It's all a little confusing on deciding how to write your apps right now. I know some guys have ended Mojo development altogether (save for maintenance releases for existing apps), and more power to them. I, on the other hand, am really reliant on 3rd party APIs in apps like foursquare and growlr. As those young companies continue to grow, so do their feature sets. This means that after I froze development for foursquare, I had to start developing on it again because foursquare added a slew of features that not only my users wanted, but I did too. Since webOS is my primary device platform, if I want a feature in foursquare, I have to make it. It's frustrating. But then, I do it to myself, too. I wanted to get an Untappd app out quickly and Enyo is still, well, not here yet, so Mojo was my only option. Sure, I got the app out in less than a week, but now it's another "legacy" app I have to support and eventually rebuild.

I guess that long ramble was just me saying: it's frustrating sometimes, but it's partly my fault, but I see it getting better soon, so I'm sticking with it.

Where do you see webOS development going in the future? In particular, how do you see Enyo and devices like the TouchPad running webOS 3.0 affecting your development?

I see my apps being better. The foursquare app, while a good app, is terribly written. The code's sloppy, there are memory leaks, it can be slow at times. This is all because it was my first webOS app and I just kept bolting on new features so a lot of old inefficiencies linger. If I were to rewrite the app from scratch today, it'd be lighter, faster, and all around better. So, I see my Enyo apps being just that: better. I'm really looking forward to that. The TouchPad opens the doors for a whole bunch of new apps. I mean, incredible will be great on a phone, but can you imagine how beautiful and open and "immersive" it'll be on a tablet? I keep saying it, but incredible! was born to live on a tablet. I think the TouchPad (and Enyo) will allow me to make incredible! my "Symphony No. 5". Wait, that's too pretentious, I should scale it back: I think the TouchPad (and Enyo) will allow me to make incredible! my Big Mac. I hope that it'll be some of my best work and the TouchPad will allow me to do that.

Given the chance, what’s the one thing you would change about the webOS development process?

Faster turn-around times on every thing. Devices, betas, support, everything. The whole 2.1 SDK thing was crazy and should've been opened up earlier than a week before 3.0 was released. I know they're a small team over there, so I know it's not always possible, but I see guys in the forums and on Twitter asking for answers to recurring issues and not getting responses right away and they end up having a fellow developer help them out (when possible). Which is awesome, but that can be frustrating for new developers that haven't gotten established in the community yet. But, honestly, there isn't much I'd change. Based on reports I hear from developers on other platforms, we have it the absolute best; friendly and personable Developer Relations team members, enthusiastic CEOs, heck, even their Twitter account is passionate and entertaining. (Does Apple even have a Twitter account?)

What are you working on right now?

Well, I just launched growlr, my Untappd app. Untappd is basically foursquare for beer. Right now, it's a basic app that allows you to check-in to a beer, but that's about it. Mainly, I wrote it to compensate for the fact that the webOS 1.4.5 web browser doesn't support geolocation. I plan on updating this some more in the semi-near future.

Coming up is incredible!. I'm about 65% finished the app. It's in a weird place right now because of Twitter changing their terms of use, so I had to rethink some aspects of the app, but it's still on track. If you're not familiar with incredible!, it's basically every social media site you belong to rolled into one app. It creates one chronological stream and removes duplicate posts and lets you color code items based on rules you provide. Once I finish the foursquare updates, I'm moving on to incredible! again. I'd like to have it out sometime this summer.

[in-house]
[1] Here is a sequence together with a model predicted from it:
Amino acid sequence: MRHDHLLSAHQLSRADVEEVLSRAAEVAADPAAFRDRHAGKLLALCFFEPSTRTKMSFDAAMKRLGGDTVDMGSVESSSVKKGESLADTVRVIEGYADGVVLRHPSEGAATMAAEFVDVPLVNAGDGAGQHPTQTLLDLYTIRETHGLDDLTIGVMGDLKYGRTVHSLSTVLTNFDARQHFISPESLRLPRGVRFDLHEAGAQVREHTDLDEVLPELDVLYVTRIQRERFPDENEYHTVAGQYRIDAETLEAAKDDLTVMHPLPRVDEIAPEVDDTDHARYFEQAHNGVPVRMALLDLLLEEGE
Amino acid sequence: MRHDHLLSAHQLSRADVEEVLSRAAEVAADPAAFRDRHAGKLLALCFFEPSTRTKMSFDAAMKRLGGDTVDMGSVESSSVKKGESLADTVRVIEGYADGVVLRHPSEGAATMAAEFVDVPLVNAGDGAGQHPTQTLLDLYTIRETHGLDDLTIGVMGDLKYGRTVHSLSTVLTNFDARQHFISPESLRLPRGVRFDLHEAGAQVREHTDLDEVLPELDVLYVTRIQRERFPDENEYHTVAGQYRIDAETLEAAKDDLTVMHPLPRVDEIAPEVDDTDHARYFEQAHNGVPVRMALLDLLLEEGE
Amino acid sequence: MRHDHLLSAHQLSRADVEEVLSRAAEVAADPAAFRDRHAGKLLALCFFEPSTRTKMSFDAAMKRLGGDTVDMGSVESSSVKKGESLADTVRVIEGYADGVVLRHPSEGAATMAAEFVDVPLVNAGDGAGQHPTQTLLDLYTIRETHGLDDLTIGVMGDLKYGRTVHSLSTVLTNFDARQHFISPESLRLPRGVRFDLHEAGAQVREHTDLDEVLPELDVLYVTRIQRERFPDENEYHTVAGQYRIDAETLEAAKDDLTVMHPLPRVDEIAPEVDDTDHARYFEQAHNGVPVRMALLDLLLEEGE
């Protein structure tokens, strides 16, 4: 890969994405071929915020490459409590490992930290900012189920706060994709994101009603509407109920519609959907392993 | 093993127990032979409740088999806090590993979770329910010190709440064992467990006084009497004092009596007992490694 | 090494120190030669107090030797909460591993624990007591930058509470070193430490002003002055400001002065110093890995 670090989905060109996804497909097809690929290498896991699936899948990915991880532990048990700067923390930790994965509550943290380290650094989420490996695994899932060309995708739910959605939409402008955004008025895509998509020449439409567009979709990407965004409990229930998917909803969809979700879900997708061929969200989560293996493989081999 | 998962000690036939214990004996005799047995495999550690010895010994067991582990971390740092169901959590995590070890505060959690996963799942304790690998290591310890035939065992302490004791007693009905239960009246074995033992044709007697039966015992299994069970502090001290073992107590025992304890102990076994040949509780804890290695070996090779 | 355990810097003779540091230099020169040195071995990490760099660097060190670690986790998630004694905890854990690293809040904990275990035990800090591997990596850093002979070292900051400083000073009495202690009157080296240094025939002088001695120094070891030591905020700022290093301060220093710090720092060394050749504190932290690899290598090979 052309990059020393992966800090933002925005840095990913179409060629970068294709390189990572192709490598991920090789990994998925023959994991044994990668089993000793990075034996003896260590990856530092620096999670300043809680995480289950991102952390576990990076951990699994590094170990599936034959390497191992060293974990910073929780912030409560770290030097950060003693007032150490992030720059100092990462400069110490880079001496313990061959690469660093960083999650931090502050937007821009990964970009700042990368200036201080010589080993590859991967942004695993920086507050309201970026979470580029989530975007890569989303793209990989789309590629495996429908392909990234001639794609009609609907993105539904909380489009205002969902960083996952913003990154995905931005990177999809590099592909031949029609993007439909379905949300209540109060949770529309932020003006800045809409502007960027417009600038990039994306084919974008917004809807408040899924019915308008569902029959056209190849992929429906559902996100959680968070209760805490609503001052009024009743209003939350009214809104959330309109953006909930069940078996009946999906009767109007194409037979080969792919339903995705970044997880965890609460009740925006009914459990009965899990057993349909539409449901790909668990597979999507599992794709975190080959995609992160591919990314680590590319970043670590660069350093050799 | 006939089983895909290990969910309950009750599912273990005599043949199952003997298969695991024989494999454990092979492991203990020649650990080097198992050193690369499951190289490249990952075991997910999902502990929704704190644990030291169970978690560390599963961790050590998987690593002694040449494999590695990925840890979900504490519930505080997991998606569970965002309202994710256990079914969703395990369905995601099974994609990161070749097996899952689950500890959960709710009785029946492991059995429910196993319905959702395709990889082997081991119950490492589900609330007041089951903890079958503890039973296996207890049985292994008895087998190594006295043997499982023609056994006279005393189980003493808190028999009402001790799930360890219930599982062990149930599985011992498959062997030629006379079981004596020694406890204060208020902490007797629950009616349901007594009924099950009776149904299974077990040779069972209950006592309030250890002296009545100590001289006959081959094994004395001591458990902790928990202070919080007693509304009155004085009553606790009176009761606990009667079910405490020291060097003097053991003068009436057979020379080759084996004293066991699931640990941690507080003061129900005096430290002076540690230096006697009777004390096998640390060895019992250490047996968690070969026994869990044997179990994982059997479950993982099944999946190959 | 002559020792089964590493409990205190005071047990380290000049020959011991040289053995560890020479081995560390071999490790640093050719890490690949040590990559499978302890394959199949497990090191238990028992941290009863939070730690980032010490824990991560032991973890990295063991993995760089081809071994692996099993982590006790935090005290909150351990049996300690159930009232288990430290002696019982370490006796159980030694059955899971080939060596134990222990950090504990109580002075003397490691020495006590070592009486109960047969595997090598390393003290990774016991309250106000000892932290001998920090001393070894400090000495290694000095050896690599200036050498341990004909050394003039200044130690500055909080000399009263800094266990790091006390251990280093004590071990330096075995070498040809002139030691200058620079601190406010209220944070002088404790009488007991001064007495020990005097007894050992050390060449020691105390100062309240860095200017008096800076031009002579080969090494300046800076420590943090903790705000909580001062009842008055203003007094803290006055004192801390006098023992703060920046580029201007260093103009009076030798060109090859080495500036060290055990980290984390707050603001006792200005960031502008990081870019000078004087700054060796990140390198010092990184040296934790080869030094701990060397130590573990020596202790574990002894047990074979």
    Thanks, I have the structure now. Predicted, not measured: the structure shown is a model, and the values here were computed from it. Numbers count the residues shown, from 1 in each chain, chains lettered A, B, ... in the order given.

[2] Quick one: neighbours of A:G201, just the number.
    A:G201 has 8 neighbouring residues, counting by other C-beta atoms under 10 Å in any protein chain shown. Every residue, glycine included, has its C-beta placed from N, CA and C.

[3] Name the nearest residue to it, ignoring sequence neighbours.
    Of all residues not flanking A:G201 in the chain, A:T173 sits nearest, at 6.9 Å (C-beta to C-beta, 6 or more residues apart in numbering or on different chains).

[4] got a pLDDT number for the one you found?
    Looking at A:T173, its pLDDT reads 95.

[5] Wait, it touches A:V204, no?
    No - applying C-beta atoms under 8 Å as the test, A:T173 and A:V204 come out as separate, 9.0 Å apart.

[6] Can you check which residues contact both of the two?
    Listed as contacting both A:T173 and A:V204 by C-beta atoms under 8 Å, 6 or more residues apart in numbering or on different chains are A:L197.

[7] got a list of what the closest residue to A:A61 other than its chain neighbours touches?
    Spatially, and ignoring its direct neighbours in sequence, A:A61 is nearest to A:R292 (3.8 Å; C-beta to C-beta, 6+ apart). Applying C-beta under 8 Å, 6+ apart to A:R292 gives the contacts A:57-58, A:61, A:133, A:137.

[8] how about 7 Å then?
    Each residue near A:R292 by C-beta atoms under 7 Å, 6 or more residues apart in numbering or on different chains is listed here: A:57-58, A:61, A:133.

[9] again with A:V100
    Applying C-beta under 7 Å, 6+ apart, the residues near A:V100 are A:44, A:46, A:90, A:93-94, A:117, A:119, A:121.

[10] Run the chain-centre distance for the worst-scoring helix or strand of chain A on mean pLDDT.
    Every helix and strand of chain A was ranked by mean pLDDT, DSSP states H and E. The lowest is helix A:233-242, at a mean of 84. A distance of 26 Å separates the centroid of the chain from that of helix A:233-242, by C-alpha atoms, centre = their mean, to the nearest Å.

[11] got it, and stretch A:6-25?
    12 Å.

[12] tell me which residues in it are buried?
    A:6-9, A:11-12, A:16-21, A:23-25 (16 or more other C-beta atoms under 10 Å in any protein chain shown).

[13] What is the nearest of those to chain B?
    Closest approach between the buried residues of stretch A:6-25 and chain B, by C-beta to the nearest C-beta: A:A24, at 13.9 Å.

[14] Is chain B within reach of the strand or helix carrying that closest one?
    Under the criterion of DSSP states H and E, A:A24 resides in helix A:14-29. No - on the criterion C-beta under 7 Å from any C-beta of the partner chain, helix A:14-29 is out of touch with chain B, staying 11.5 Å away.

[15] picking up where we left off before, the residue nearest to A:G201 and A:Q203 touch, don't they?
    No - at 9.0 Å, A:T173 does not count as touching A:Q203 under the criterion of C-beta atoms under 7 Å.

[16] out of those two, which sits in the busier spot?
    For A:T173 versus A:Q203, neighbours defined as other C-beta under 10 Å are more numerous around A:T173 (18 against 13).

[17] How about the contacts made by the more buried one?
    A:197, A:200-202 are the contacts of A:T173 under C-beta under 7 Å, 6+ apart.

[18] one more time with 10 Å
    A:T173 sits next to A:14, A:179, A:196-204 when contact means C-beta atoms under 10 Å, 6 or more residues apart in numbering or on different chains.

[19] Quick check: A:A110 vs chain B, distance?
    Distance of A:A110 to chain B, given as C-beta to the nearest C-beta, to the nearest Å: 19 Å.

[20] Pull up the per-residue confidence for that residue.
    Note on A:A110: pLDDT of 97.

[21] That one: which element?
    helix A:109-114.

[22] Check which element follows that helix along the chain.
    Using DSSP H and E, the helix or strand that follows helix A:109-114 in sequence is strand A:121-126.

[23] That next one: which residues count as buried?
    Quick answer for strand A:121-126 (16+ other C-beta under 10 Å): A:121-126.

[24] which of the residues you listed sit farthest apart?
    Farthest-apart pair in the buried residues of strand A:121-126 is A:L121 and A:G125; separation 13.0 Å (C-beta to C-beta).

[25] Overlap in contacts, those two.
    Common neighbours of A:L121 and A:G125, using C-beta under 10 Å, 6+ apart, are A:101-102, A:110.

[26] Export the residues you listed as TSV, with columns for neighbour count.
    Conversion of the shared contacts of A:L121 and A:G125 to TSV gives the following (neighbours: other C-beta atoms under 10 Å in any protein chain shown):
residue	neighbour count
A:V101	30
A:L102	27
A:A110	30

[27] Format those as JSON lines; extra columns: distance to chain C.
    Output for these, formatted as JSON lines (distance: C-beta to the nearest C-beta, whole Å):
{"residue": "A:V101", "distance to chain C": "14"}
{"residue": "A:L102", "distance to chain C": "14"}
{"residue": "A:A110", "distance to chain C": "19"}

I've got a few app ideas bouncing around in my head (including possibly one I'll be collaborating with my fiancée on), as well as some non-app ideas for webOS that'll make developers' lives better. These are all on hold until my current projects wrap up, and with the flux of the development situation, some are better left for the future.

I’ve gotta ask: what’s with the lowercase adjective app names?

Good question! I actually came up with the name for incredible! before I even knew what it would be. After I came up with the name, I came up with the theme, and then I decided on what it would be. I just thought an app that was incredible should do a lot of stuff. I added the exclamation point when I made the logo for the splash screen in my mock-ups because it looked good opposite the lowercase "i" since it's essentially an inversion of it. The "i" was original an uppercase "I", but the uppercase "I" in the font I used looked boring, so I went with the lowercase.

When I got the idea for neato! I figured that it was a small, quick app, so it needed a small, quick name. "Neato" seemed to fit and I figured it was a spin-off of incredible, so, I stuck the exclamation point on it, too. And since incredible was already lowercase, I made neato lowercase too.

The official spelling of foursquare from the company is all lowercase, only using the uppercase "F" when the name starts a sentence. Since at this point, my three other apps were all lower case, "growlr" was lowercased and I dropped the "e" since Untappd did the same.

Will I keep up the theme? Possibly. Depends on if becomes annoying or silly. But, you can be assured that all my apps will likely be lowercase and ones based on other people's APIs will not have punctuation, but original ideas of mine possibly will. I like the idea of the branding and people knowing that [lowercase adjective] plus [exclamation point] is probably a Zhephree app.

Thank you so much for your time. Any parting thoughts for the webOS community?

Stick with it! Don't give up -- keep writing awesome apps and don't flip out at every little development with webOS. Keep your head down, work hard, and it'll all pay off eventually. And don't do it alone! Find someone to bounce ideas off of that won't placate you and will actually tell you when something is stupid. They don't have to be a developer either. Rhea (my fiancée) is like my human whiteboard and helps me brainstorm on everything. As for non-developers: same thing! If you're not happy with webOS, hang on! I think things are just getting (re)started! And every time you feel the urge to complain about something, grab a friends' webOS device and purchase neato! on it!